Old boss Horton gives Magilton a lift

IF you have to meet and greet the opposing managers and coaches after a defeat, there was probably none better for Jim Magilton than sharing a drink with Hull's assistant boss Brian Horton.

By Derek Davis

IF you have to meet and greet the opposing managers and coaches after a defeat, there was probably none better for Jim Magilton than sharing a drink with Hull's assistant boss Brian Horton.

Not only is Horton one of the most passionate football people around, he is also one of the most positive and upbeat, even in the face of his own adversity because his philosophy is 'if the manager doesn't stay positive then no-one else will'.

Magilton sought a few pearls of wisdom from the former Manchester City, Huddersfield, Oxford, Brighton, Port Vale and Macclesfield boss, who took him to Oxford from Liverpool reserves and thus kick-started his playing career.

Horton is not surprised Magilton has gone into management and tips him to do well, although warns the path will be rocky - as the Town boss is finding out away from home.

“It happens in football. We didn't think they would make many changes after winning and he asked me if I thought he should have but you wouldn't, would you?

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“It is easy in hindsight. Managers say you don't change a winning team, and when you lose you wish you had, but that is all part of learning.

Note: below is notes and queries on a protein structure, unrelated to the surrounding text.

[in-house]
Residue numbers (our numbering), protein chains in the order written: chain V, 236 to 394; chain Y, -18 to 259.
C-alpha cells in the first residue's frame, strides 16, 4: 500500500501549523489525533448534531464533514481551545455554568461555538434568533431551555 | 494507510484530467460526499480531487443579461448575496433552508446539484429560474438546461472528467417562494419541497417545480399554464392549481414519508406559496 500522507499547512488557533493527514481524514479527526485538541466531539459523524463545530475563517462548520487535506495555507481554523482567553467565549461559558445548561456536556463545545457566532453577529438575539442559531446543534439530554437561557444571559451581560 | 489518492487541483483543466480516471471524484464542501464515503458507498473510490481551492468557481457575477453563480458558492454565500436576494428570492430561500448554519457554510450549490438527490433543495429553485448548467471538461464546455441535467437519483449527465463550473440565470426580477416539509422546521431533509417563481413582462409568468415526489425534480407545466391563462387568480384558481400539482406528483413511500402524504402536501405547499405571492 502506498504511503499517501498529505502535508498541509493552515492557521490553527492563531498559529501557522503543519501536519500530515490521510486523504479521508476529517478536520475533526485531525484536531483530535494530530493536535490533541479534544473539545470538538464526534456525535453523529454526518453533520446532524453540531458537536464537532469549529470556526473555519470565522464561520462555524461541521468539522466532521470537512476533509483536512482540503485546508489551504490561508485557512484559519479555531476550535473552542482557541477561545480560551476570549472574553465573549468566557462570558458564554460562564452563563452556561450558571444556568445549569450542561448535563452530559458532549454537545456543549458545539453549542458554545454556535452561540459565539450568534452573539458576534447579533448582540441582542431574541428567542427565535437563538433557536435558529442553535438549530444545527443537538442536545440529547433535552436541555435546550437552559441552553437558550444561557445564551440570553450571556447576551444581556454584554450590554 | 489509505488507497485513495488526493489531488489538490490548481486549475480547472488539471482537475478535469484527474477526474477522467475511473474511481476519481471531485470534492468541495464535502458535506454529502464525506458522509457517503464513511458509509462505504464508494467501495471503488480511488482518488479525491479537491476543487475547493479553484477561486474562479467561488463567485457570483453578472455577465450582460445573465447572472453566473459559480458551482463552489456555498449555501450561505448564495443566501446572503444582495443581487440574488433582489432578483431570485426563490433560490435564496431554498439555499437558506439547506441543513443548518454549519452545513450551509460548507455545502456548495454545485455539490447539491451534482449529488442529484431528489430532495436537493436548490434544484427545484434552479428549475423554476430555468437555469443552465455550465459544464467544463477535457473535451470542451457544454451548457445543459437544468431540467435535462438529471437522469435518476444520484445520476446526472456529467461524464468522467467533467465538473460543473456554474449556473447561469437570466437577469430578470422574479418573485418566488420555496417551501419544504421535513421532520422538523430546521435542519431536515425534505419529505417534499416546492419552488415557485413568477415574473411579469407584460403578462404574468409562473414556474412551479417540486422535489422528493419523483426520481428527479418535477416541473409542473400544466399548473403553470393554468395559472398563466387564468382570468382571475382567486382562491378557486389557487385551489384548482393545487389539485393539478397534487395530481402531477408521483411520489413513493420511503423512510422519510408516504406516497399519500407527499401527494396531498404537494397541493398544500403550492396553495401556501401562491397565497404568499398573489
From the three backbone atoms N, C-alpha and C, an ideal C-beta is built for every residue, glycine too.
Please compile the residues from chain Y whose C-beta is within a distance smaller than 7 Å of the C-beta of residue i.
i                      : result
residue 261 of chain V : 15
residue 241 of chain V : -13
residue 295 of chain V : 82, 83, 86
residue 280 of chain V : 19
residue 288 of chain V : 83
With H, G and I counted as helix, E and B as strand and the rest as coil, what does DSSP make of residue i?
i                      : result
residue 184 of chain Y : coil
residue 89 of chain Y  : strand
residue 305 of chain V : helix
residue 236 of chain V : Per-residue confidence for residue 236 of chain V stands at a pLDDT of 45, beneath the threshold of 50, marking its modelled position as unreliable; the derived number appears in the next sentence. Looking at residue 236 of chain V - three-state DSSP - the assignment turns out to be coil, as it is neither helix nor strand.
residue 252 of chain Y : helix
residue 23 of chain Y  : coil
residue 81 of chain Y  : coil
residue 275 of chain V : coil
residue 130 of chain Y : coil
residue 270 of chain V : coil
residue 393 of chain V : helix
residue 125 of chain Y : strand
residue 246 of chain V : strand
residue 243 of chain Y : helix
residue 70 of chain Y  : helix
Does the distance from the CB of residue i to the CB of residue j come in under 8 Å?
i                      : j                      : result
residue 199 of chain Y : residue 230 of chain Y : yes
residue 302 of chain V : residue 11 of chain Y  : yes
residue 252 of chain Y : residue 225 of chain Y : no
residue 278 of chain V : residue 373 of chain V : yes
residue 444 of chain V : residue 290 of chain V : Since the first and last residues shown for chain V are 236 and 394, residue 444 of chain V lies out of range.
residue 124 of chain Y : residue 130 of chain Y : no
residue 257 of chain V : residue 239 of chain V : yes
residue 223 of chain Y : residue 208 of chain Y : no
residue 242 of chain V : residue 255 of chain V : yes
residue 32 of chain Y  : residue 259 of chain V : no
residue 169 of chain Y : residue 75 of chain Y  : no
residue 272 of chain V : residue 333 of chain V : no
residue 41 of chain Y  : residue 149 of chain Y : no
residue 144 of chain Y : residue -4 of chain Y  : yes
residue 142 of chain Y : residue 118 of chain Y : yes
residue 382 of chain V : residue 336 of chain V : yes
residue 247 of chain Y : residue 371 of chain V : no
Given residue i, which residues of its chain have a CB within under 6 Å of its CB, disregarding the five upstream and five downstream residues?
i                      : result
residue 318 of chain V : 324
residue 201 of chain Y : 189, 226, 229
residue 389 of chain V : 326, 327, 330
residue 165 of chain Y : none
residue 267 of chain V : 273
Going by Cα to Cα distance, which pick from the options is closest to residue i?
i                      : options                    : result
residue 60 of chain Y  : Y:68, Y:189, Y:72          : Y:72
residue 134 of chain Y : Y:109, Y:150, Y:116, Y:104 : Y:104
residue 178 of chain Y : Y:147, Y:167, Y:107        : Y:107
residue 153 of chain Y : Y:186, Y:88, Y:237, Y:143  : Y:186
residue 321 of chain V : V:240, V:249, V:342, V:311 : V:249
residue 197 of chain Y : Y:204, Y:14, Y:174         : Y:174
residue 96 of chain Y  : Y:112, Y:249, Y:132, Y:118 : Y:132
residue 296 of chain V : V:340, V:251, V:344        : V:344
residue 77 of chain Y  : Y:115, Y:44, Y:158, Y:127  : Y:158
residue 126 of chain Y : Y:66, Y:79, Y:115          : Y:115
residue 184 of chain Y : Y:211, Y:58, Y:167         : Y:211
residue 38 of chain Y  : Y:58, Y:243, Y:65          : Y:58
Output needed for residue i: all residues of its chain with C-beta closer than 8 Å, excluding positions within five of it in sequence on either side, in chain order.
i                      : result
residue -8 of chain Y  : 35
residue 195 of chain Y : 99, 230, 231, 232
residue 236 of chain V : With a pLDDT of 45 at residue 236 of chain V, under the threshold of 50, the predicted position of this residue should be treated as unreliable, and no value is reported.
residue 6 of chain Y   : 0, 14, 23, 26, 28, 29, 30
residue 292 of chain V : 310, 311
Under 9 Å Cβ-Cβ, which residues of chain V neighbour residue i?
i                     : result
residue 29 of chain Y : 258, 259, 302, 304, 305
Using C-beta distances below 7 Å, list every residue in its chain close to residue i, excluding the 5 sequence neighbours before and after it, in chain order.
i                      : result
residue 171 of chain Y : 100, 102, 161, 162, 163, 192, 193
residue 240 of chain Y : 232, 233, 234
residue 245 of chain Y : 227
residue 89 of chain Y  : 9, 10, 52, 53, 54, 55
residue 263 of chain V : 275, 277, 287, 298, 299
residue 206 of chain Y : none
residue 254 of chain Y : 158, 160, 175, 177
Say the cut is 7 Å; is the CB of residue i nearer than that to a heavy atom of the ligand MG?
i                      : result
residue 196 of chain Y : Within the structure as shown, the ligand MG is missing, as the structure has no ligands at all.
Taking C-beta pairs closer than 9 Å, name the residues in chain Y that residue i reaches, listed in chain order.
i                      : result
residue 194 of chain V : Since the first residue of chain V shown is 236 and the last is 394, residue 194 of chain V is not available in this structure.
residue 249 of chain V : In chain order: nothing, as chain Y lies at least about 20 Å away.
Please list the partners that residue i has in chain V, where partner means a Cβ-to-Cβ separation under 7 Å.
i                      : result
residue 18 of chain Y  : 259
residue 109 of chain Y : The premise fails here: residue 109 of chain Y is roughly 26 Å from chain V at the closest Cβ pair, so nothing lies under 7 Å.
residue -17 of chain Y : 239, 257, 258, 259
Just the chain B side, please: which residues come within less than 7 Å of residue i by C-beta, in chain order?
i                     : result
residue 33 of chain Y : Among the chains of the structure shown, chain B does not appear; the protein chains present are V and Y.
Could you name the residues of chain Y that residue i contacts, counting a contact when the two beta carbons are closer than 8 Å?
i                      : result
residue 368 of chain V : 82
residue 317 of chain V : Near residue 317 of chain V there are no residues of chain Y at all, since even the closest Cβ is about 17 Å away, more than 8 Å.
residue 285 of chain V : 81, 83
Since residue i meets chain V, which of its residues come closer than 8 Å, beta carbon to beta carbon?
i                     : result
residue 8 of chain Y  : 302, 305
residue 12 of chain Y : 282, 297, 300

“It doesn't get any easier and, of course, it is getting even harder to identify the bargain players. There aren't many Jim Magiltons at £100,000 around and he will find that.”

Horton admits Hull rode their luck to be so far ahead by half-time and said: “Ipswich played good football and we are trying to bring that here to Hull.

“It was a good open game but that's a nightmare for us managers. We have gone up 3-1 and we are wondering how as they have hit the post twice but we have had the rub of the green.”

Horton insists Magilton has the qualities to do well, just as he did as a player.

He said: “I put Jim down as one of my best-ever buys.

“I played against him as a kid when I was at Hull and he was a 17-year-old reserve with Liverpool, along with John Durnin, who I also took to Oxford.

“I watched him play against Sunderland reserves and they won 6-2. Jim was different class so I asked Kenny Dalglish about him and he sold him for £100,000.

“He was marvellous for me as a player and as a person. He was great in the dressing room and I knew he would be a manager because he always had an opinion, which I liked, and he was a super talent.

“He was always chirpy and a leader - a real diamond.”

Magilton wasn't feeling too chirpy in the immediacy of the defeat and warned: “I will make changes for Burnley on Tuesday and, if I can get people in, then I will.

“We have too many people comfortable in home surroundings but when it comes to rolling your sleeves up and getting stuck in away then we are lacking in that department.

“I'm bitterly disappointed after we started very brightly and created good chances but didn't take them. We then conceded three shockers with two set plays and sloppy defending for the other.”

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